Will the multifamily housing development boom continue?
With its healthy supply and demand fundamentals, and low interest rates, the multifamily housing development market has seen much success in recent years. And with encouraging demographic trends for the long‐term and preferences for rentals over ownership increasing, the outlook for multifamily housing development remains positive. However, recent increases in construction costs and rising interest rates have made the near‐term more challenging and growth is beginning to subside. New starts on multifamily housing this year slowed to an annual rate of 324,000 units in September, down from 435,000 in January 2018.*
A Look at the Headwinds
After a decade of low interest rates and minimal inflation, costs are beginning to rise. “Higher interest rates are certainly a factor, but the increasing cost of construction is likely a bigger issue,” says Pat Lawton, SVP, Wisconsin Commercial Real Estate Manager, Johnson Financial Group. According to a Harvard study, between 2012 and 2017, the costs of labor, materials and contractor fees on multifamily housing construction rose 25 percent, compared with the general inflation rate of 7 percent.**
“A large factor contributing to rising costs is a deficit of younger people going into the trades to replace retiring workers,” Lawton says. “Shortages of master carpenters, electricians, plumbers and other skilled tradesmen can lead to delays on projects in addition to higher costs which may postpone the delivery of new projects. These delays not only increase overall construction costs but also increase holding costs, delaying when developers are able to achieve occupancy and receive rent on new units.”
Additionally, we have yet to fully feel the potential impact of new tariffs on construction materials like steel, aluminum and lumber.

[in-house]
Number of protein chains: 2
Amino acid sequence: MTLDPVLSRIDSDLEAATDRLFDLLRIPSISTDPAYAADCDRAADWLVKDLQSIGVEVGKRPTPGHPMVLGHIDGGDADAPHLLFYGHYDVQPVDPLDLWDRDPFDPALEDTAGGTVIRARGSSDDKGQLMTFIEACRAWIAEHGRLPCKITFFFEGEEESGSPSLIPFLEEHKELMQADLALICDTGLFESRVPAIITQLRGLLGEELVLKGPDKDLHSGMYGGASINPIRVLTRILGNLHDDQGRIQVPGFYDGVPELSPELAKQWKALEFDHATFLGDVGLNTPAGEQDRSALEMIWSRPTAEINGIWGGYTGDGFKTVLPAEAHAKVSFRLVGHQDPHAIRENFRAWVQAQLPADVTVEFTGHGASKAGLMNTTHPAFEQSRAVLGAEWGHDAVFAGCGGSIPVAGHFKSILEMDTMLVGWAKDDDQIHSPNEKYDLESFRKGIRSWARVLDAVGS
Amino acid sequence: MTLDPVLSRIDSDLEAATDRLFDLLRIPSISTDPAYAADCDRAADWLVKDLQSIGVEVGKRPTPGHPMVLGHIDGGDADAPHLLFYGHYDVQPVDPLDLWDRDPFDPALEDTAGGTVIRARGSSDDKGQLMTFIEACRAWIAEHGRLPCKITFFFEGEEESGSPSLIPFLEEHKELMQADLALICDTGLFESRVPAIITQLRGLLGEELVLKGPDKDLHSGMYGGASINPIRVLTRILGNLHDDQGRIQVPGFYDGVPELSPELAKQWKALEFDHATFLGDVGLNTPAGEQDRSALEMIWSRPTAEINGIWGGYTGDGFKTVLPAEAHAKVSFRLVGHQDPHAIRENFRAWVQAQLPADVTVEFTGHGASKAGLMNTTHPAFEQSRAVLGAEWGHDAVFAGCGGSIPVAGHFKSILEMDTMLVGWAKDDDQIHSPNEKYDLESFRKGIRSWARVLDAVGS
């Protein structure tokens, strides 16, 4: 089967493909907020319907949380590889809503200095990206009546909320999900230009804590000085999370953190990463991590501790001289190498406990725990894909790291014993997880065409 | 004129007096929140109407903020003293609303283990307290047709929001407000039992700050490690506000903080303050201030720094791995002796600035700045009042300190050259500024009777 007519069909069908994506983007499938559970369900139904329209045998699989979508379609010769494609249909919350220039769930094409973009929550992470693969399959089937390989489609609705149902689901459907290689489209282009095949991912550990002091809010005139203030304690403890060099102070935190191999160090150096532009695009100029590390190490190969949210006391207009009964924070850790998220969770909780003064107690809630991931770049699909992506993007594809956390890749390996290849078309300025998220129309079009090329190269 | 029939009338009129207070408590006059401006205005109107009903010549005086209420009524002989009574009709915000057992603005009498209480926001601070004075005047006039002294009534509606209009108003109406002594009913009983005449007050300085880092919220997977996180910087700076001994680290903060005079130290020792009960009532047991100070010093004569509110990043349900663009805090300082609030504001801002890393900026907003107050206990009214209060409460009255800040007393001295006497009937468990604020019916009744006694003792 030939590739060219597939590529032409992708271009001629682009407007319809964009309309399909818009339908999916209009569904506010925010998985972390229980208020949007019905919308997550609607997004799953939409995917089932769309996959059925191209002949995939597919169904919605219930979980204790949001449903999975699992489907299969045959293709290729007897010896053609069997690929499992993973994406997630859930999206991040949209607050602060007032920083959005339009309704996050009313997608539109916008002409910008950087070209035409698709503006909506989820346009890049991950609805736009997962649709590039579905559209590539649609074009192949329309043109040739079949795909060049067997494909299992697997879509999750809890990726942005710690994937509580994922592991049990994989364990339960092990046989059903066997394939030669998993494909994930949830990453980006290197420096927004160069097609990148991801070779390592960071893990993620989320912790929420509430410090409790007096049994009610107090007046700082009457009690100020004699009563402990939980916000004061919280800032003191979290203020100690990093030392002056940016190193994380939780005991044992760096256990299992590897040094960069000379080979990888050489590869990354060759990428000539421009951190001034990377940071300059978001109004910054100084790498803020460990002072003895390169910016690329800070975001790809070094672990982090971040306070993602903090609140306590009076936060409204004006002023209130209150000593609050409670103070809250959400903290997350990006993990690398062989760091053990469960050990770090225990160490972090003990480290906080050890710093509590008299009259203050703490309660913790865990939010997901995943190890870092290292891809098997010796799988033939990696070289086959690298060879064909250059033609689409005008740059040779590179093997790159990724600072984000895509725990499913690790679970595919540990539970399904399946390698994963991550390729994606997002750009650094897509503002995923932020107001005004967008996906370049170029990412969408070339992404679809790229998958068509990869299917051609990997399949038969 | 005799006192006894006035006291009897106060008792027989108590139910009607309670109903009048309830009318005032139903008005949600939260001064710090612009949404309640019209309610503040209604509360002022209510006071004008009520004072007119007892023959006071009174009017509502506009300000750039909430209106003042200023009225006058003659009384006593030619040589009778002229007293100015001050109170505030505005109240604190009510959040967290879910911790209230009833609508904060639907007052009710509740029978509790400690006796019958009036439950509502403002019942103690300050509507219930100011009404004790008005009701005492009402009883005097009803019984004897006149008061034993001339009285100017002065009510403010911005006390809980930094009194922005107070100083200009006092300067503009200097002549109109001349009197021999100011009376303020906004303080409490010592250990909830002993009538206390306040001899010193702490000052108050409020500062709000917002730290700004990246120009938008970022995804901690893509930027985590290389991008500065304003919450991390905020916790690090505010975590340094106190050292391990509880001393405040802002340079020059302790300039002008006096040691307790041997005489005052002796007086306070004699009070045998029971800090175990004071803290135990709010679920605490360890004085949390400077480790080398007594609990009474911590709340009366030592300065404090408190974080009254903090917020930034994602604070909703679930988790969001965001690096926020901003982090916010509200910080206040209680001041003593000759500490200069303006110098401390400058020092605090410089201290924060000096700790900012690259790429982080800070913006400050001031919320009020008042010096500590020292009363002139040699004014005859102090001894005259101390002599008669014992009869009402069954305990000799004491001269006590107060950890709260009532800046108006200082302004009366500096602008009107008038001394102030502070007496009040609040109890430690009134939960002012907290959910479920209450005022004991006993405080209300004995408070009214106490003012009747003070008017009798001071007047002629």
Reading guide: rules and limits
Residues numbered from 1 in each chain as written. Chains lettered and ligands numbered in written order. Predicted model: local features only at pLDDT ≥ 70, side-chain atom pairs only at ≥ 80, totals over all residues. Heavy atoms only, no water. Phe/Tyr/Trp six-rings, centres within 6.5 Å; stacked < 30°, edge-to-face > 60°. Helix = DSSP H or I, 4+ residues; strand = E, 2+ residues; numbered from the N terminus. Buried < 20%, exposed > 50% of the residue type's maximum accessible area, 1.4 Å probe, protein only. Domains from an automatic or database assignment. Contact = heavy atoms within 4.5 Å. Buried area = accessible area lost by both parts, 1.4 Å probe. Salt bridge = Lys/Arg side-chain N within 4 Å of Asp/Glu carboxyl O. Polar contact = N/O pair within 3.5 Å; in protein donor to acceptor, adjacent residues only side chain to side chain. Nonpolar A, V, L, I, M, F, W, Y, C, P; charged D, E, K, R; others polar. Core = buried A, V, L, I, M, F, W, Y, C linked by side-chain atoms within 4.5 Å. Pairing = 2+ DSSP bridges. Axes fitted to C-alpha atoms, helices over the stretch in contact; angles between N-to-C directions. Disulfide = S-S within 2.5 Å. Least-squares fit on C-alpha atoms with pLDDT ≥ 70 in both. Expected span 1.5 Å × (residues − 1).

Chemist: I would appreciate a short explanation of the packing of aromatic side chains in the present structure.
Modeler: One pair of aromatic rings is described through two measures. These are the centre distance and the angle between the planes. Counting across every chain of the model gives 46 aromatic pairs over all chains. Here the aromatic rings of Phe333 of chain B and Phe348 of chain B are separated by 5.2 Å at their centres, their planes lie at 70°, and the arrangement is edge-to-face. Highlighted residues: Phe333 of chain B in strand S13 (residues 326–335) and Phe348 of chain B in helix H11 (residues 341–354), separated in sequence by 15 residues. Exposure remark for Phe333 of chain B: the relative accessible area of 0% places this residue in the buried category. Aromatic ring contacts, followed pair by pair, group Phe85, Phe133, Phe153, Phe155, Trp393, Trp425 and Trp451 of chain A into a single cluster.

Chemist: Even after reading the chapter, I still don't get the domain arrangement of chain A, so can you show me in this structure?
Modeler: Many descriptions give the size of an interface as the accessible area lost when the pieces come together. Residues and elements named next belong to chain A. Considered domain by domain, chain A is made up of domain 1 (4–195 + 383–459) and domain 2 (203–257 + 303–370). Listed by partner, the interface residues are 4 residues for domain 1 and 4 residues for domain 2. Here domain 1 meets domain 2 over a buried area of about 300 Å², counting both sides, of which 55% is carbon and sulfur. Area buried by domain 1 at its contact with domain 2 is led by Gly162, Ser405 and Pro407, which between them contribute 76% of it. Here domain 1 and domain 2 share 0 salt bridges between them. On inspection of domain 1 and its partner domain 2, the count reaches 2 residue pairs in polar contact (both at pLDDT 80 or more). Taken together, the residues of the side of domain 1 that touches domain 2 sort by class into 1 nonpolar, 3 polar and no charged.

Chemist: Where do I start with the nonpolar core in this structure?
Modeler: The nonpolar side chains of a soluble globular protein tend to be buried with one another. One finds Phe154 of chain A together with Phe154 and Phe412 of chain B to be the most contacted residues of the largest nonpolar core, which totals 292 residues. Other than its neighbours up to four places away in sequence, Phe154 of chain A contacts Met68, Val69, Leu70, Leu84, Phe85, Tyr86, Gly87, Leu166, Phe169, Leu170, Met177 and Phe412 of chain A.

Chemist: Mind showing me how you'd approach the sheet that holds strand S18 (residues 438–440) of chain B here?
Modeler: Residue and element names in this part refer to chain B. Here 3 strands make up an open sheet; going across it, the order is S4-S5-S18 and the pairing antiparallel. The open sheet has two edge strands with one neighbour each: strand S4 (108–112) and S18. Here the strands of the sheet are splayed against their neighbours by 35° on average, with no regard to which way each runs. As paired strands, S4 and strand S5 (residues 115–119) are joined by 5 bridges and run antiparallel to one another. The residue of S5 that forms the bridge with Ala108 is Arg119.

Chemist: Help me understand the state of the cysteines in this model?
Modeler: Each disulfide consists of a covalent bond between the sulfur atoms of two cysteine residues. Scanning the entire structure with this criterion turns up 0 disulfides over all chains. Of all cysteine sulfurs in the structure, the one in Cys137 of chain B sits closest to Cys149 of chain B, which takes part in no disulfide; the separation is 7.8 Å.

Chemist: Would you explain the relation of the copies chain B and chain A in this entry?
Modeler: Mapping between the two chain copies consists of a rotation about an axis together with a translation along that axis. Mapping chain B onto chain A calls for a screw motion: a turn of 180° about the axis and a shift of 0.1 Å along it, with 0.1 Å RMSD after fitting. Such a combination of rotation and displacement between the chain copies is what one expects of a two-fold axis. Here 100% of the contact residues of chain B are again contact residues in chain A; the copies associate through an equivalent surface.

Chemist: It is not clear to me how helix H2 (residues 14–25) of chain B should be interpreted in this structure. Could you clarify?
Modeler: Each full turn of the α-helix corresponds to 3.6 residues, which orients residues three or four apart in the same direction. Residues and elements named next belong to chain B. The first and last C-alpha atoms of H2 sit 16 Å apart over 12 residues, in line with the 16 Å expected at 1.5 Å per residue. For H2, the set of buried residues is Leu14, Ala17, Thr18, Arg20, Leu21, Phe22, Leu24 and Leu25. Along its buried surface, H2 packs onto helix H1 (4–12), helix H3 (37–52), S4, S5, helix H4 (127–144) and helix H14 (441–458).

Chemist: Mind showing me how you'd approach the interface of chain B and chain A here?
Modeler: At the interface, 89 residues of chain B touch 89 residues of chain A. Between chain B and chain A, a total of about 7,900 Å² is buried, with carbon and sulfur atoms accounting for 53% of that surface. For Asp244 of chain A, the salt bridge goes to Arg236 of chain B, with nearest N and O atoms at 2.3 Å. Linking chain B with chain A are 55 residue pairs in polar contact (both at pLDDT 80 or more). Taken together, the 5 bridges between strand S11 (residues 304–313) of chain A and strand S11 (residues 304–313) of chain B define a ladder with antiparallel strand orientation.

Positive Signs for the Long‐term Outlook
“There are a number of demographic trends that are likely to foster continued demand for multifamily rentals,” says Lawton. “For example, it's much more difficult for prospective single‐family homebuyers to qualify for a mortgage loan than it was before the financial downturn. Additionally, rising construction costs make it challenging for contractors to build affordable single‐family homes, and growth in the median sales price of existing homes continues to outstrip growth in median household income.”
Some other factors supporting multifamily housing development:
- Many young people prefer the flexibility of renting to the commitment of homeownership. “There is less societal pressure to follow a predictable path, such as “graduate, get a job, get married and buy a home’ as there was a generation or two ago,” Lawton notes. “Additionally, millennials have also cherished geographic flexibility in their early adulthood and careers.”
- Record student loan debt may be forcing millennials to put off home buying.***
- More retirees are selling their homes and turning to rentals for increased accessibility and/or a maintenance‐free lifestyle.
“All these circumstances favor rental over homeownership and are beneficial to multifamily rentals in the long term,” Lawton says. In many markets, including some that have a glut of high‐end projects, there remains a pressing need for multifamily housing for low and moderate‐income earners. To address this issue federal and state governments offer tax breaks and subsidies for developers of affordable housing.
What About Rising Rates?
Potential multifamily housing developers may be hesitant to run the risk of higher interest rates and are unsure whether to pursue short or long‐term financing. Fortunately, there are tools available to help lower interest rate risk. Financial products such as interest rate swaps or rate caps can provide more predictability and protection from dramatic upswings in rates. “Multifamily housing investment continues to be attractive for its steady cash flow and annual rent growth,” Lawton says. “A commercial real estate banker can help you explore financing options that may allow you to take advantage of new development opportunities as they arise.”
Federal Reserve Bank of St. Louis, https://fred.stlouisfed.org/series/HOUST5F.
** Joint Center for Housing Studies of Harvard University, http://www.jchs.harvard.edu/sites/default/files/03_harvard_jchs_americas_rental_housing_2017.pdf.
*** HousingWire, https://www.housingwire.com/articles/46878-student-debt-crushes-homeownership-dreams